This one told me that Sarah Sue Ingram, a former sportswriter for The Dispatch and a former editor of The Thomasville Times, had died of cancer early Monday morning. She was only 64.
Consequently, I couldn't believe my own eyes as they passed over her obituary.
|Sarah Sue Ingram|
She was a talented award-winning writer who loved to turn a clever phrase. She was quite knowledgeable about the games people play because she was a pretty good athlete herself. And she was beloved by many of her readers and colleagues, no doubt in part because of the inner light that sparkled behind her constantly smiling eyes.
Although we worked for competing newspapers, we became pretty good friends. In my first year at the The Dispatch, we found ourselves covering many of the same events. She had a degree in journalism (from the University of Georgia), while I barely knew what journalism was. So, whenever she could, she showed me the local ropes: a nuance here, some background there. It was much appreciated.
Back in the 1970s, it was a rare thing to have a female sportswriter on the scene. But as far as I know, she never suffered any indignity or discrimination. She always got the story. Athletes of both genders clearly trusted her and her instincts. That's all a journalist can ask.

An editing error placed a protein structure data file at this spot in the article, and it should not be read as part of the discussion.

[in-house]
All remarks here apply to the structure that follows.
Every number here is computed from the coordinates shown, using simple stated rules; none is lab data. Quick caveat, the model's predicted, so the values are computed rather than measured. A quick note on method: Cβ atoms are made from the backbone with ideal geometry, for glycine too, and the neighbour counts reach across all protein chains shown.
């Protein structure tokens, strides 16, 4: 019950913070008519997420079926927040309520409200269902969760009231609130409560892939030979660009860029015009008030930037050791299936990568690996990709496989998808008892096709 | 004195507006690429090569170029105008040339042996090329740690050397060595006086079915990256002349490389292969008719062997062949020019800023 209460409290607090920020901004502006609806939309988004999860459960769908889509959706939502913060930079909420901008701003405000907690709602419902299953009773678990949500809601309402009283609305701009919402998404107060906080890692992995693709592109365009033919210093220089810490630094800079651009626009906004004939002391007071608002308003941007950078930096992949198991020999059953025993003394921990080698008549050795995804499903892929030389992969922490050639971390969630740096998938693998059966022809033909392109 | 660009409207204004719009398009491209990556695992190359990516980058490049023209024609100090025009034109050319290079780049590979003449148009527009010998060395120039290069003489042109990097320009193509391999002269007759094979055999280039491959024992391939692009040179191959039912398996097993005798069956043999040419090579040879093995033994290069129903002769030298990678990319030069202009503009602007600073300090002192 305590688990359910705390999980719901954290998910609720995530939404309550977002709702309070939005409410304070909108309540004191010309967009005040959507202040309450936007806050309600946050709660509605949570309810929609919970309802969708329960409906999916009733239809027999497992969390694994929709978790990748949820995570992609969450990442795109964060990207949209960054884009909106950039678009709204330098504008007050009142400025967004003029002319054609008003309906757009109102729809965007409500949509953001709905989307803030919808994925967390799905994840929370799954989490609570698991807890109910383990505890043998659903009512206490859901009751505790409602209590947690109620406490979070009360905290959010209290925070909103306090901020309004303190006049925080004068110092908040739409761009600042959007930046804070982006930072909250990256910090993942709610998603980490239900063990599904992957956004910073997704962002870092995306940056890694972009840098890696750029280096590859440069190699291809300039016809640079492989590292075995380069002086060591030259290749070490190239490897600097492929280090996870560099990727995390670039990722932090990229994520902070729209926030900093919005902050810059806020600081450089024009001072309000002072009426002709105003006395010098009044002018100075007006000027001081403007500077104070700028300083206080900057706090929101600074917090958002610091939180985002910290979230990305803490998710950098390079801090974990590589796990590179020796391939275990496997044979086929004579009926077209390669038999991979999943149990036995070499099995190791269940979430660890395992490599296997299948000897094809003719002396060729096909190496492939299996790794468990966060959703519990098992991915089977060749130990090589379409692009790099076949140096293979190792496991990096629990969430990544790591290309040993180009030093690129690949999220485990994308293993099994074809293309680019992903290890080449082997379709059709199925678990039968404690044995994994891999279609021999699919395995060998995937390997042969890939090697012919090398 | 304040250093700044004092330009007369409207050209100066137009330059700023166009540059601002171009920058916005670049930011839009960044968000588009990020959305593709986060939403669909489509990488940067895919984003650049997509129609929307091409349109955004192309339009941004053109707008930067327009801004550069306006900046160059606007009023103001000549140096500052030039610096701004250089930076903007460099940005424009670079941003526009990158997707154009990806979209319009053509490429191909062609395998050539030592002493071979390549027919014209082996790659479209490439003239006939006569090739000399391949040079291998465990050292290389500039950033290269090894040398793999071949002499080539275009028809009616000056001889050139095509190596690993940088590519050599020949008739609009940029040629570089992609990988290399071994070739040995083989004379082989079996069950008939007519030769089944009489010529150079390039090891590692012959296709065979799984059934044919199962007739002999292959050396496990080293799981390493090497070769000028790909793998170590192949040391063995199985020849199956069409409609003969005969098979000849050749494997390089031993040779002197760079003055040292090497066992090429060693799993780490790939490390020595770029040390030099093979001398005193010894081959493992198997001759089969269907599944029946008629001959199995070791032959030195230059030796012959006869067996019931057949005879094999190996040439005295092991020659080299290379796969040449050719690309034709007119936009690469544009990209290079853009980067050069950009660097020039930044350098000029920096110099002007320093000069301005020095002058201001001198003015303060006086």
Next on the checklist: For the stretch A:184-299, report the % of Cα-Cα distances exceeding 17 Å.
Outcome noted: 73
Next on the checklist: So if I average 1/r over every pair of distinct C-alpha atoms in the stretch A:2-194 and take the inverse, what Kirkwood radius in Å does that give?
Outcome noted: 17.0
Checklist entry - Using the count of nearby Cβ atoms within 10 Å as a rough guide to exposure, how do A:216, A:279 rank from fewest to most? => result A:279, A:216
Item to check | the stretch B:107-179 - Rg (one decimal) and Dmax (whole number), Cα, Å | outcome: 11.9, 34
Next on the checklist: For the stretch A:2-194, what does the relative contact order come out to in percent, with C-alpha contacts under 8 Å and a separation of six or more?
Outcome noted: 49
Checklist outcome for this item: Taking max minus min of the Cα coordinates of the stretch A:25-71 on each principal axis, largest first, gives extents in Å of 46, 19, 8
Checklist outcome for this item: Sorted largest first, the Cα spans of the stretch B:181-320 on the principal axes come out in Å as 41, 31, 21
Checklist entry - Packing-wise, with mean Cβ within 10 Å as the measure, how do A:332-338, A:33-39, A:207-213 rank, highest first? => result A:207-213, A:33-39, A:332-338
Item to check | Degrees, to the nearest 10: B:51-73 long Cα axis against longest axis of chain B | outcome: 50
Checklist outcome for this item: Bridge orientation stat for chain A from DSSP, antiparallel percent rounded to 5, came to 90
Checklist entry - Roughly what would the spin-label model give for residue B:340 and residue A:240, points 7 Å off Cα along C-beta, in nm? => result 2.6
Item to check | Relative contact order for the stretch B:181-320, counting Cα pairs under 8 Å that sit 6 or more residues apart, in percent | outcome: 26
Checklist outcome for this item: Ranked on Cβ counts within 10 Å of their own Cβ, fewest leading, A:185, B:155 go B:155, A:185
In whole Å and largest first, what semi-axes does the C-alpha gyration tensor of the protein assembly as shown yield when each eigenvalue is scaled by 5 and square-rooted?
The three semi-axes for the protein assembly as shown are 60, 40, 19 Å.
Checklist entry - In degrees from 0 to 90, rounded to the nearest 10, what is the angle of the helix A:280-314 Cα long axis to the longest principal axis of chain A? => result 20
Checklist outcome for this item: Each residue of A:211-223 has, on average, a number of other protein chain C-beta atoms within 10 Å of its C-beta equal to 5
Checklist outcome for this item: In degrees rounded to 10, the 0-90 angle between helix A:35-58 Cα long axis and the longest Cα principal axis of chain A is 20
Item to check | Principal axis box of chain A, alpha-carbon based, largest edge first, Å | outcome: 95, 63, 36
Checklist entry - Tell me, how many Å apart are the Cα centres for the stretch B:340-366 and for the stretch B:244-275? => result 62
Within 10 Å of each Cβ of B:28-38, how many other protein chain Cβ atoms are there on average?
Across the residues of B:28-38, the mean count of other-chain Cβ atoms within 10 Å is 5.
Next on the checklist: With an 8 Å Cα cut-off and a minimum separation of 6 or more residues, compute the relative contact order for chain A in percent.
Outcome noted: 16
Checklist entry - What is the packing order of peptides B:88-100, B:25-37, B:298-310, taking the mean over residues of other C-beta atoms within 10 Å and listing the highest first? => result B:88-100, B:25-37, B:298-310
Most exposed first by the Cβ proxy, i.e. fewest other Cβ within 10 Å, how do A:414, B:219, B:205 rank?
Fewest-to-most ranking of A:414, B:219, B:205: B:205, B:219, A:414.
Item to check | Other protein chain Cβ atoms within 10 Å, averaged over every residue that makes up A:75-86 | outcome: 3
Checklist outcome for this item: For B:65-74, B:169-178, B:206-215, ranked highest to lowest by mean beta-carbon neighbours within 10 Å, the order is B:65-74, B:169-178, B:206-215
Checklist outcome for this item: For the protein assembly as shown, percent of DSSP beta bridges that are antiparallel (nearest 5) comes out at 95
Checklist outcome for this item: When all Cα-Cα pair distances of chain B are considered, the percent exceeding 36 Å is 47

Although I believe she was her own person, I think a part of her liked to model herself after pioneer female sportswriter Mary Garber, who worked for The Winston-Salem Journal. I know the two women were good friends who no doubt shared a common bond. Once, while covering an event together, Sarah Sue eagerly took me by the hand and introduced me to Ms. Garber. I couldn't help but feel as though I was somehow standing humbled in the middle of journalistic excellence — and transcendence.
Time came and went. Sarah Sue migrated to other jobs, including a stint in the N.C. State sports information office, where she had the opportunity to author the book "Pack Attack!: The 1983 Championship Season." But slowly, over time, we drifted apart as friends sometimes do. The last I had heard, she was on the North Carolina coast, doing what she loved best — writing for a newspaper.
Then came Monday's shocking email and a void suddenly bubbled up inside me. I didn't even know she had been ill, much less that she was in a High Point hospice. So while my sense of loss is agonizing, my admiration for her remains authentic. And always will.
Fare thee well, my friend. Fare thee well.